Grand plans for 'Dumfries Learning Town'
Dumfries could be the first place in Scotland to create a new model of senior secondary school, serving all 1,100 S4-6 pupils in the town.
Colin Grant, director of education services at Dumfries and Galloway, will next week outline to parents and teachers the council's vision of the "Dumfries Learning Town" which would see its particular concept of a senior secondary built alongside further and higher education institutions on Crichton campus.
TESS understands that at least three other authorities - Perth and Kinross, Aberdeen City and Fife - have explored similar concepts, but are not as far advanced as Dumfries and Galloway.
If the Dumfries model wins the backing of parents and teachers, pupils in S1-3 in Dumfries High, Dumfries Academy, Maxwelltown High and St Joseph's Academy would remain in their current schools, but would work more closely with local primaries.
The proposal would allow for the creation of actual or virtual "middle schools", offering more specialist teaching for upper-primary pupils and less fragmentation of the curriculum for lower secondary.
S4-6 pupils would have access to a wider range of subjects in a single senior secondary; they would also have more vocational options by being located next to Dumfries and Galloway College and local businesses.
With Glasgow University and the University of the West of Scotland also running courses on the campus, schools could collaborate more closely with higher education - HE lecturers could deliver Advanced Higher work - said Mr Grant.
He stressed the council wanted to "ask questions rather than give answers" in its consultations with locals.
"We have good schools, but many talented and committed staff are working in tired buildings and our young people are learning in limiting physical environments. We also have great challenges around continuity and transition," he said.
Past reviews of the school estate, which had recommended closing one or two of the town's secondaries, had run into difficulties, he explained.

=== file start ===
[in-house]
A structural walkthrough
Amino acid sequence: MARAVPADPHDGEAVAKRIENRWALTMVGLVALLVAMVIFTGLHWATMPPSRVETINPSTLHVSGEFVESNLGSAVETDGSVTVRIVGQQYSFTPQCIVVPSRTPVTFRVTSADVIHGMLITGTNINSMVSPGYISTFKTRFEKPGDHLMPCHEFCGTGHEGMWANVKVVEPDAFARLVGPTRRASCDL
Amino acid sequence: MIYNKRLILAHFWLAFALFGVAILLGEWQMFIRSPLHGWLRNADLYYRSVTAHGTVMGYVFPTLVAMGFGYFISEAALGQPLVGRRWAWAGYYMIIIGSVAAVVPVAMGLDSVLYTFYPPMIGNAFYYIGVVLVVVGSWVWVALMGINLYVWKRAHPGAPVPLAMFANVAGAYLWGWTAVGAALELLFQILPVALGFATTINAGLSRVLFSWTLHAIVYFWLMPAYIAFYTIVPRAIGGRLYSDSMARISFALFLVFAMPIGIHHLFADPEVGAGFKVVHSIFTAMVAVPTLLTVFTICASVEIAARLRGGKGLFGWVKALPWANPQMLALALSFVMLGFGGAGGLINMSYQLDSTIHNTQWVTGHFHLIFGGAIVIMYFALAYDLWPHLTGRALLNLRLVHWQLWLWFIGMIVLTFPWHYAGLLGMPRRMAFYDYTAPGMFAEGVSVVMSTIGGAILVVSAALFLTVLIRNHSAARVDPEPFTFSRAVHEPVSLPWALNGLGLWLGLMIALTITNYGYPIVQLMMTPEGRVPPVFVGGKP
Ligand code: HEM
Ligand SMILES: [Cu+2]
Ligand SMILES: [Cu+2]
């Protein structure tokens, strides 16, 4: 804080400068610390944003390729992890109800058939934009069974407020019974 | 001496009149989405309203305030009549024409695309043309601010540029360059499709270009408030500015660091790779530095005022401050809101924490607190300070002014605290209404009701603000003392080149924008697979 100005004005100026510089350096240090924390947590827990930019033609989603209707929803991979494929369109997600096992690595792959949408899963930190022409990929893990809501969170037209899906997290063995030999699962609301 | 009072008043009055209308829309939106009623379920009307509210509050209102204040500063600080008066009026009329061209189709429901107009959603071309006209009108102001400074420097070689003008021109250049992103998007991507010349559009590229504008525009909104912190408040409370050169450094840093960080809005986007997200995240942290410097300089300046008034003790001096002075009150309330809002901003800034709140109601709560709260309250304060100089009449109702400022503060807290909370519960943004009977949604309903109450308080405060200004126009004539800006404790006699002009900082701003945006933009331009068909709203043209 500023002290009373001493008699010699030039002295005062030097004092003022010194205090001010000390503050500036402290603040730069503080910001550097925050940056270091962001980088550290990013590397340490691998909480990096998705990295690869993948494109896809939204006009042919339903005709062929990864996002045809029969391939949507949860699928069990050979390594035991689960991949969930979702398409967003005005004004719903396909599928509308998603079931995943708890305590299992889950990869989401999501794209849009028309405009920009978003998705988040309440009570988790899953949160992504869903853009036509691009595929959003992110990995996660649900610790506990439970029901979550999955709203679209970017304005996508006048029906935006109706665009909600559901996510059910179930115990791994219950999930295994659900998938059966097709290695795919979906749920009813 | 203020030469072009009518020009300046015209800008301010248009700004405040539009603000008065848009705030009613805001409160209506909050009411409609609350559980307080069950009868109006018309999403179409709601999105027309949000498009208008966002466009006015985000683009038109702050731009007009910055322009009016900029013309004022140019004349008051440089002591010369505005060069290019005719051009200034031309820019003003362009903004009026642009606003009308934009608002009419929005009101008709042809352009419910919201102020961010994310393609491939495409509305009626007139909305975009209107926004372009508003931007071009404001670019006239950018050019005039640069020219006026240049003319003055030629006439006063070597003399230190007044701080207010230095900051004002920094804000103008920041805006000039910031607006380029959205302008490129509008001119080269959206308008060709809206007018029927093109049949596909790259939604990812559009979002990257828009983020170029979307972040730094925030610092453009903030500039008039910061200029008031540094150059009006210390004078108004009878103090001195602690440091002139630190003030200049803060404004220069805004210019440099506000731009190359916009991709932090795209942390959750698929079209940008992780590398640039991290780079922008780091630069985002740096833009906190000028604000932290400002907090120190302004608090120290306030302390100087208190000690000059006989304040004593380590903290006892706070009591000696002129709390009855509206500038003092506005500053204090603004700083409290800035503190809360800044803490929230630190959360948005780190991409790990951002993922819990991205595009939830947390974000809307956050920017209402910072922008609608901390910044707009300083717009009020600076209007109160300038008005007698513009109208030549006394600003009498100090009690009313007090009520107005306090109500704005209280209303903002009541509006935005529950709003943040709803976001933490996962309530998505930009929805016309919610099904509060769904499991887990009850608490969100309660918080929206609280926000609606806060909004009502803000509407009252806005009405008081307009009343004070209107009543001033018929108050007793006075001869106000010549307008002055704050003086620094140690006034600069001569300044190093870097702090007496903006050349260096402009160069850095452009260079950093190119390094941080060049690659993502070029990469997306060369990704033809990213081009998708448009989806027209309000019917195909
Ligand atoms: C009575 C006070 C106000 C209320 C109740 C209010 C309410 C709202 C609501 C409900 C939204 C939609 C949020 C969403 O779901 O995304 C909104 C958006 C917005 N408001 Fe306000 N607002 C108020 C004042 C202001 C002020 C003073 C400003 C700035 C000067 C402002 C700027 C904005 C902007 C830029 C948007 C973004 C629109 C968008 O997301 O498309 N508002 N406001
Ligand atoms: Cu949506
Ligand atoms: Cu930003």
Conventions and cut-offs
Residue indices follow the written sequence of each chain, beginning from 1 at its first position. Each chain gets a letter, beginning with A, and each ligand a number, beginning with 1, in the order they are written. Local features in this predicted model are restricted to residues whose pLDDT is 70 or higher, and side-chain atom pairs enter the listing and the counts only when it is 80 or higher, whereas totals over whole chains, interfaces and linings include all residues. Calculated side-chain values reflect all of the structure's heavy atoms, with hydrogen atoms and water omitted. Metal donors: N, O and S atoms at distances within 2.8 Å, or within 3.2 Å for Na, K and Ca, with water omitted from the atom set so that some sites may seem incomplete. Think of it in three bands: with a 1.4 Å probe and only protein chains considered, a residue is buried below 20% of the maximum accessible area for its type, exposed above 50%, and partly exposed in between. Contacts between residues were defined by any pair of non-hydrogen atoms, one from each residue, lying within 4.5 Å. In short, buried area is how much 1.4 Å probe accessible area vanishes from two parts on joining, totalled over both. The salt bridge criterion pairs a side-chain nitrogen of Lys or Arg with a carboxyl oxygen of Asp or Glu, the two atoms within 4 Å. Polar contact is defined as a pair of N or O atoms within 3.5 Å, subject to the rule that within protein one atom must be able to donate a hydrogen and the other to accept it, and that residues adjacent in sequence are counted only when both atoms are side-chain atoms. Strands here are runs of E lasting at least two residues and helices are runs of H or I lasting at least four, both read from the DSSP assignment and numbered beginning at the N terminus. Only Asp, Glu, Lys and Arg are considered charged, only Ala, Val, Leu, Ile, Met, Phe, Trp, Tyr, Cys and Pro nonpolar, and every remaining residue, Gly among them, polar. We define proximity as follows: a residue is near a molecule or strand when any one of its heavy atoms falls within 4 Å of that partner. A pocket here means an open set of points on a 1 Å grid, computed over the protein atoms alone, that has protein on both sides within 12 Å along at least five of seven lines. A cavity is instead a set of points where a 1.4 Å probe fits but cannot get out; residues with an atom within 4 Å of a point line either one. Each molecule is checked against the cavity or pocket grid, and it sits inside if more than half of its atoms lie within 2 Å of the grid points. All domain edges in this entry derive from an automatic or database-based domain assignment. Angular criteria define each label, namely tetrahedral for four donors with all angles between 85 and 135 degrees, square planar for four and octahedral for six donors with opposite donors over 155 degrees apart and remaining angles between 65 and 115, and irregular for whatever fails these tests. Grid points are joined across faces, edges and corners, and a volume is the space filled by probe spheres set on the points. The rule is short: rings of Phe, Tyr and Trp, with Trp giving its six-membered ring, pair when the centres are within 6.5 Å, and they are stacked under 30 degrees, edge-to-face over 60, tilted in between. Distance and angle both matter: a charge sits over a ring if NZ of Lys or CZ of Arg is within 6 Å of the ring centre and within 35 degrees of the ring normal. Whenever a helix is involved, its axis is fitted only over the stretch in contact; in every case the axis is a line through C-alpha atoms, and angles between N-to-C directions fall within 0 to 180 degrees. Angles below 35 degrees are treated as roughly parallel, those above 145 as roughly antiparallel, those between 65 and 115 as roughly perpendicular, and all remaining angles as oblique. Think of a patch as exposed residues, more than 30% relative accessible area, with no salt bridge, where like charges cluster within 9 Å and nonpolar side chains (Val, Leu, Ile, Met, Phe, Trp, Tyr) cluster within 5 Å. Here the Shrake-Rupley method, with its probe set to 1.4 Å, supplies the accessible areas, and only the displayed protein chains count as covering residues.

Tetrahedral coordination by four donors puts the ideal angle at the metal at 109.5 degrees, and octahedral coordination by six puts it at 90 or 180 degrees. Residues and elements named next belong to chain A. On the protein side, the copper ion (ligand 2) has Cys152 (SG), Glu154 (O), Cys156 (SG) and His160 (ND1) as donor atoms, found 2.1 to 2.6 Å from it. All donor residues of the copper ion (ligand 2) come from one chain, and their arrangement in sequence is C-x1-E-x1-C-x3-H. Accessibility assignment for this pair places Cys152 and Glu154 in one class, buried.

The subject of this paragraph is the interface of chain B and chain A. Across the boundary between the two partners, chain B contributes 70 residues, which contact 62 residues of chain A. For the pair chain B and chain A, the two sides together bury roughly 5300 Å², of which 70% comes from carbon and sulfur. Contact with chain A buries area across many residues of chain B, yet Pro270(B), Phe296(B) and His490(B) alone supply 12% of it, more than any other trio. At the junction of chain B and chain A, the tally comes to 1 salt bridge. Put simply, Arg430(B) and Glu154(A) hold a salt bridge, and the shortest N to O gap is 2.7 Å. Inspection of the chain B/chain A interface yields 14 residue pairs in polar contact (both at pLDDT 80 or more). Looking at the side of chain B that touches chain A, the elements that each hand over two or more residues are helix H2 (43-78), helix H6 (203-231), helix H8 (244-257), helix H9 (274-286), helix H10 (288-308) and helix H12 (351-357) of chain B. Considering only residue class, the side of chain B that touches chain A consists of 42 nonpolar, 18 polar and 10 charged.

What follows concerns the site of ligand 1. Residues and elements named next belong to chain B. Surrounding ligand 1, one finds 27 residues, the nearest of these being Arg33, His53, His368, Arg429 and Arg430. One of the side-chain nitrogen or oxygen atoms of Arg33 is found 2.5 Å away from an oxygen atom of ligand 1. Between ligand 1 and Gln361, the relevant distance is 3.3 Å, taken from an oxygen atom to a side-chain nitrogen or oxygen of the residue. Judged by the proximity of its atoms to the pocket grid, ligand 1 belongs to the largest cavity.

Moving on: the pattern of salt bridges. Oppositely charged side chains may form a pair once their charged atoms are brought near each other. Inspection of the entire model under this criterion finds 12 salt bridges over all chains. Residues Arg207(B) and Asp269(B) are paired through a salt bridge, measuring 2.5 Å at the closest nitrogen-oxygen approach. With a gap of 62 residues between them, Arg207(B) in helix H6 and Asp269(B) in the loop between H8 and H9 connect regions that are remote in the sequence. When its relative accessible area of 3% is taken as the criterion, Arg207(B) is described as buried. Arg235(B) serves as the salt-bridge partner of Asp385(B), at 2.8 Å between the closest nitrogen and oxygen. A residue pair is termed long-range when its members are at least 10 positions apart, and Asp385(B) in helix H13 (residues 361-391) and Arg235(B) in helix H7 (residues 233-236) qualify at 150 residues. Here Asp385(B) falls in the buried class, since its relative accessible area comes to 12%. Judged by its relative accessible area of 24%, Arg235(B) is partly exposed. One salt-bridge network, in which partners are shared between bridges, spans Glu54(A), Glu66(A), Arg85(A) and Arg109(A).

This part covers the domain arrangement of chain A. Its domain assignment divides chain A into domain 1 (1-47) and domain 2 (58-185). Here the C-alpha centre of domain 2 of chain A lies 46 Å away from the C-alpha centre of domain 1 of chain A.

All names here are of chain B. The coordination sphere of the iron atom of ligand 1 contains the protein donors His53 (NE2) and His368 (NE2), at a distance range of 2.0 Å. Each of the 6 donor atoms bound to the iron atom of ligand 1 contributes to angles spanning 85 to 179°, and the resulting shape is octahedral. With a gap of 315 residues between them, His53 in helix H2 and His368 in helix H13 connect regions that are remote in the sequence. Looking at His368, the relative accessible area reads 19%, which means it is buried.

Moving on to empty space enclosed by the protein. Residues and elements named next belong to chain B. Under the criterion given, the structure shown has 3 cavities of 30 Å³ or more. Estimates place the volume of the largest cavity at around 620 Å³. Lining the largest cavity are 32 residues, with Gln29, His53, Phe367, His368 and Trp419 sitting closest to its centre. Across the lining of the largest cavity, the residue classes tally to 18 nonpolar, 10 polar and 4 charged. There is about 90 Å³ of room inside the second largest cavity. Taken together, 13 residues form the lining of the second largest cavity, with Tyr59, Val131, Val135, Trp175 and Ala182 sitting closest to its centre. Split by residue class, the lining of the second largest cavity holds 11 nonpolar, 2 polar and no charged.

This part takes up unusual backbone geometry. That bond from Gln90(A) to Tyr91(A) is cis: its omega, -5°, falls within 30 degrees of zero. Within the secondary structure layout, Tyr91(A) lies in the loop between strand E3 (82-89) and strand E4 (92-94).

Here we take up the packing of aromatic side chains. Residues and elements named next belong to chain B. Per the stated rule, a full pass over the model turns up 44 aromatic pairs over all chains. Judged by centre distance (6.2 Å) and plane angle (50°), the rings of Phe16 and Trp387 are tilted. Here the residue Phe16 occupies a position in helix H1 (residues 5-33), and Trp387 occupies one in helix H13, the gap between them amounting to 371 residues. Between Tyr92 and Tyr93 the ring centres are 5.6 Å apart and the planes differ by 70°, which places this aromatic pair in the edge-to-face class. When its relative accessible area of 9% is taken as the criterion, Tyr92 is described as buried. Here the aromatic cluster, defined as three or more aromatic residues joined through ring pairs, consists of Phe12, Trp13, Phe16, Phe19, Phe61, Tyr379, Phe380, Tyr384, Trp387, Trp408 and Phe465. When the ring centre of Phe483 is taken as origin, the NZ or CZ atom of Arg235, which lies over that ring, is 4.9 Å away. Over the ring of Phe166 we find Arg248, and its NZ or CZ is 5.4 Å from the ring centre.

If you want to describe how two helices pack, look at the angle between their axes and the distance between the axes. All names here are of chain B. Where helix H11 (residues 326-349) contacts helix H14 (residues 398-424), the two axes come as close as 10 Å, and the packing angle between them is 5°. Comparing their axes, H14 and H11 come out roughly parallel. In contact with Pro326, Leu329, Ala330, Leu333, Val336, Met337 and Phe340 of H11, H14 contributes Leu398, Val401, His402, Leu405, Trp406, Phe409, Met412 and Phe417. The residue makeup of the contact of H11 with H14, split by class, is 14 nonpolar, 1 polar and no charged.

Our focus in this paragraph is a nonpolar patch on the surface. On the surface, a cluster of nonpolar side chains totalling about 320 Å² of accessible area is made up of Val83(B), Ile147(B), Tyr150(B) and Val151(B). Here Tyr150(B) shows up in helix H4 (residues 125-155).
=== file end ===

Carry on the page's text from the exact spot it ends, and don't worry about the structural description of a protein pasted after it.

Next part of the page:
When Mr Grant became education director three years ago, he wanted to ensure that communities did not lose their schools.
"With Curriculum for Excellence has come a unique opportunity. If we were starting again, we would not build primaries and secondaries separately. Here was an opportunity to look at the whole big picture," Mr Grant told TESS.
Greater momentum has been added to the vision by the current financial backdrop. "We are past the day of replacing a school with a like school. And politically, how could you argue that any one of the four should be replaced and not the other three?" he added.
The proposal would have obvious implications for teachers: some might opt to teach S1-3 and some S4-6, while others might be timetabled across the two. If the "middle school" takes in P6-7 pupils, the General Teaching Council for Scotland would have to be consulted, as its regulations categorise teachers as either primary or secondary.
Educational consultant and former Clackmannanshire Council chief executive Keir Bloomer was involved in early planning stages of the proposal. "A senior school like this will be able to create a much wider curriculum, greater choice and will be able to do that simultaneously at lower cost," he said.
The template could be applied to towns supporting three or four secondaries or cities, he said.